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OMG: Bicycling Backwards On Bancroft Avenue!

A San Leandro neighborhood email list mulls whether backwards behavior can be forward thinking.

 

One of the fun things about being subscribed to an electronic chat group is the glimpse it affords into the collective mind.

Today, fan exchange on the Broadmoor email list provides food for fun.

We begin with this message from a correspondent who prefaced hs remarks with "A candidate for the Darwin Award."

"This morning while driving to work, I saw a young man riding his bicycle backwards on Bancroft. Specifically, he was facing backwards on his bike (it must be a special build) and peddling, and occasionally looking over his shoulder to see traffic in front of him.

Of course, he couldn't see everything happening in front of him.

Is this a new trend? Is this kid particularly foolish? I kept thinking that it was such a stupid choice; he could so easily hurt himself, or cause an accident.

I also thought "there oughtta be a law," but I guess there is no outlawing stupidity."

The electronic realm of shared human consciousness is often called "cyberspace" but it adheres to many of the same rules of the physical universe, specifically Newton's Third Law: every action produces an equal and opposite reaction (which is mirrored behaviorally by the Law of Karma).

Unsurprisingly, therefore, another list member rose in defense of backpedaling:

"People do interesting and creative things. They stretch their boundaries and experiment. They play and amuse themselves. There needn't be a law for every behavior others don't see the sense of; if there were wouldn't have rockets in which to go to space; we wouldn't have authors who can draw on memories of childhood days at loose ends to experiment in the world and explore; and we wouldn't have circuses and artists to create and inspire us to have fun and LIVE in the world, not just survive through it."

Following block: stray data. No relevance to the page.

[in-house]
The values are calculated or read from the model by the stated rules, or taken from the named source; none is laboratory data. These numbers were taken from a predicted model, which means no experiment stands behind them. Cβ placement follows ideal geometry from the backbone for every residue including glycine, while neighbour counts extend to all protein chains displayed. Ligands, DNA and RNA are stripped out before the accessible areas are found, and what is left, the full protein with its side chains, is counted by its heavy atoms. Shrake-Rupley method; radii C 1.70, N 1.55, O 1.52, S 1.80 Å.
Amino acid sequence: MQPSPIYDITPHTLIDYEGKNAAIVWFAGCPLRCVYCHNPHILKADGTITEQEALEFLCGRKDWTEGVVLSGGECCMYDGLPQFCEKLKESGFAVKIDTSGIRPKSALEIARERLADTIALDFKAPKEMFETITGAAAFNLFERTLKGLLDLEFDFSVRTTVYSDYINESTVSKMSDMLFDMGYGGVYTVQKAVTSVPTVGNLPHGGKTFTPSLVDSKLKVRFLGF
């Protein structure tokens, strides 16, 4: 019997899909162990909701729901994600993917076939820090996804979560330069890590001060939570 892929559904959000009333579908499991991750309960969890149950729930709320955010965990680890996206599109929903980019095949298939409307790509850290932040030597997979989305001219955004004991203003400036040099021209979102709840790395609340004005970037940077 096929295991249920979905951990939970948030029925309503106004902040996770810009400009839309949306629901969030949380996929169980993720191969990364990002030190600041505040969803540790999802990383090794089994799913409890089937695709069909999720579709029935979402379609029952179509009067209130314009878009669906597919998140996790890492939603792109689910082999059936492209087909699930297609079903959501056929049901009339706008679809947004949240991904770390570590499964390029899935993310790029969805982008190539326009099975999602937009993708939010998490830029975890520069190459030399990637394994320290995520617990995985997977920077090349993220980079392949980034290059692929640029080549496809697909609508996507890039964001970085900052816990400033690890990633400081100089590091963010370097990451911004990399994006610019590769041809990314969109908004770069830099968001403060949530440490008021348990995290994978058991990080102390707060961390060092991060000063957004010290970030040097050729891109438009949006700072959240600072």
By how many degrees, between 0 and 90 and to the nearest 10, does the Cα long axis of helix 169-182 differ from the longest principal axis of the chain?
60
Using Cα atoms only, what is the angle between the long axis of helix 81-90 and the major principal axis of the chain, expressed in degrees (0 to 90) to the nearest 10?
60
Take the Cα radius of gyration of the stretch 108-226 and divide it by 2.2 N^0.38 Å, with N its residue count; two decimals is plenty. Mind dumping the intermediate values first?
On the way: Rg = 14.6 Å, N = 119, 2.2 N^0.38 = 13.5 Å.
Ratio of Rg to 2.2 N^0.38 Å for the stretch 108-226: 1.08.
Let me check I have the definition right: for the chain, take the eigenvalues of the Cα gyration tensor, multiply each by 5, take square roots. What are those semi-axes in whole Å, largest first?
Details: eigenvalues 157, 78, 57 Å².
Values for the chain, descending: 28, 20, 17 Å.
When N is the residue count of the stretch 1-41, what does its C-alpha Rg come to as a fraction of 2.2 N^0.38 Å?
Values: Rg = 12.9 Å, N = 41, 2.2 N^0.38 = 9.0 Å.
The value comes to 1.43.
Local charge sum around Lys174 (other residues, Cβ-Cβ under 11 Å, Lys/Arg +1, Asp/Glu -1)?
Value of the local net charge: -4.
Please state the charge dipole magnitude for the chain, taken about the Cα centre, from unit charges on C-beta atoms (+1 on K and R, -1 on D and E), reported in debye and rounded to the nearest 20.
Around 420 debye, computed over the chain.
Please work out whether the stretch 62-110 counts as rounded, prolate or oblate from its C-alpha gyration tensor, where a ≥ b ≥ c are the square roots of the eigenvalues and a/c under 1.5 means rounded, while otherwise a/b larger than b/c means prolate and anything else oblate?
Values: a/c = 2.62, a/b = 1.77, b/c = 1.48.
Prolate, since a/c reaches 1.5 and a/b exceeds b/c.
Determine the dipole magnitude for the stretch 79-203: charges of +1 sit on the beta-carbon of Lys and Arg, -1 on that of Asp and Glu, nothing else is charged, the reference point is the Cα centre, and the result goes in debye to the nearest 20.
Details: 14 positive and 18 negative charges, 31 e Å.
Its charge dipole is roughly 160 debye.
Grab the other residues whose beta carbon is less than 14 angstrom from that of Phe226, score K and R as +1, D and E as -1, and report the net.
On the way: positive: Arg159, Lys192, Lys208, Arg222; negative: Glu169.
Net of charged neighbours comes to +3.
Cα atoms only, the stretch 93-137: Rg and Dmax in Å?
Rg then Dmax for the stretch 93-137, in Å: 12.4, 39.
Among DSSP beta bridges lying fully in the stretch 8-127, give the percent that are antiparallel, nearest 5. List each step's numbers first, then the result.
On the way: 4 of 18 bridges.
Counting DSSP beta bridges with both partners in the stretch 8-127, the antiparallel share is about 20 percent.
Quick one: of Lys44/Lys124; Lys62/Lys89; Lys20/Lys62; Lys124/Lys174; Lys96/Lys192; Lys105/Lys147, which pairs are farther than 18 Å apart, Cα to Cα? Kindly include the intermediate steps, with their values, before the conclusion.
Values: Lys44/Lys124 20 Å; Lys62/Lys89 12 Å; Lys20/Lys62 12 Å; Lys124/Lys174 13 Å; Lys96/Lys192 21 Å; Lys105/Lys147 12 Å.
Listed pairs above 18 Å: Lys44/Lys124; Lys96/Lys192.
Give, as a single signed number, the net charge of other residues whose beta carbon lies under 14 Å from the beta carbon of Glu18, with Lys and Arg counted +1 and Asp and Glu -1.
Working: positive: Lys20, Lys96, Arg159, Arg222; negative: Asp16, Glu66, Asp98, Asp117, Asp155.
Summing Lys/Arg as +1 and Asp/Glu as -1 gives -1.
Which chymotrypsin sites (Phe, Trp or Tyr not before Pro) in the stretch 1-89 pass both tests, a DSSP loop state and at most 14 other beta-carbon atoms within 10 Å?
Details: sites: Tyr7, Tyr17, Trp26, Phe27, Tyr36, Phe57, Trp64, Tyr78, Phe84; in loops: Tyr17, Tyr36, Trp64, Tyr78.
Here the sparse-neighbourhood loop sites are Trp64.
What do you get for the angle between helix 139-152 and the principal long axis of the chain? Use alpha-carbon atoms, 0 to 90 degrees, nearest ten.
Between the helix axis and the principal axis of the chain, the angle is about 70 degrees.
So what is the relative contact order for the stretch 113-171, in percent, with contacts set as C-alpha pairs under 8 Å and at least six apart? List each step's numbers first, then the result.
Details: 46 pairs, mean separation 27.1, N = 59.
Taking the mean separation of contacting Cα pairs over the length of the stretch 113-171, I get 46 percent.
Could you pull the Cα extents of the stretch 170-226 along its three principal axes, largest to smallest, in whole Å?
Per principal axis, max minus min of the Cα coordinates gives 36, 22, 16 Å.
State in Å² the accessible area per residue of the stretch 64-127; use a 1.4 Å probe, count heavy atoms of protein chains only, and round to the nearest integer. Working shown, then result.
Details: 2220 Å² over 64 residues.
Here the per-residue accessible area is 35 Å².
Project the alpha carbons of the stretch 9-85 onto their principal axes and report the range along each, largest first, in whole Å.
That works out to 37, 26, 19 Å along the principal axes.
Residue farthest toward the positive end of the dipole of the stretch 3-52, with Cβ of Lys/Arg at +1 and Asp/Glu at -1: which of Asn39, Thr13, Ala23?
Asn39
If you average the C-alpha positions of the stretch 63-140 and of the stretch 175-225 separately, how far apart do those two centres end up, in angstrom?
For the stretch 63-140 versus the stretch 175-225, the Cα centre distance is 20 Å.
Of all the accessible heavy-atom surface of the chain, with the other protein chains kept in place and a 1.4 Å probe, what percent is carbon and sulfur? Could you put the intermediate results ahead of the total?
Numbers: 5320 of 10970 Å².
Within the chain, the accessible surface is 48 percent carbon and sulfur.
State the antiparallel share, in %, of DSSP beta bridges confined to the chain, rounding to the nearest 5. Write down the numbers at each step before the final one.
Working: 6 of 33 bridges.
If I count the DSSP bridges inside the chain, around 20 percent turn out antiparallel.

To support his point, this writer did a search for images under "riding a bicycle backward" from whence is derived the collage above.

That made me think. Was there any mode of travel in which backwards propulsion was the norm.

Of course there is. When we row, row, row the boat, gently down the stream, we do it backwards.

Why?

Because "this is how pre-industrial English river men rowed," according to FrontRower.com, which promotes a front-facing rowing system.

Needless to say, FrontRower is paddling against the tide of convention.

I suppose this backwards business struck a chord with me because I posted a story today about a man running backwards from Los Angeles to San Francisco.

At the time I posted the story I thought it would get a laugh.

Now I'm just grateful that he isn't running backwards down Bancroft Avenue.

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Fortunately, he isn't backing down Bancroft Avenue.

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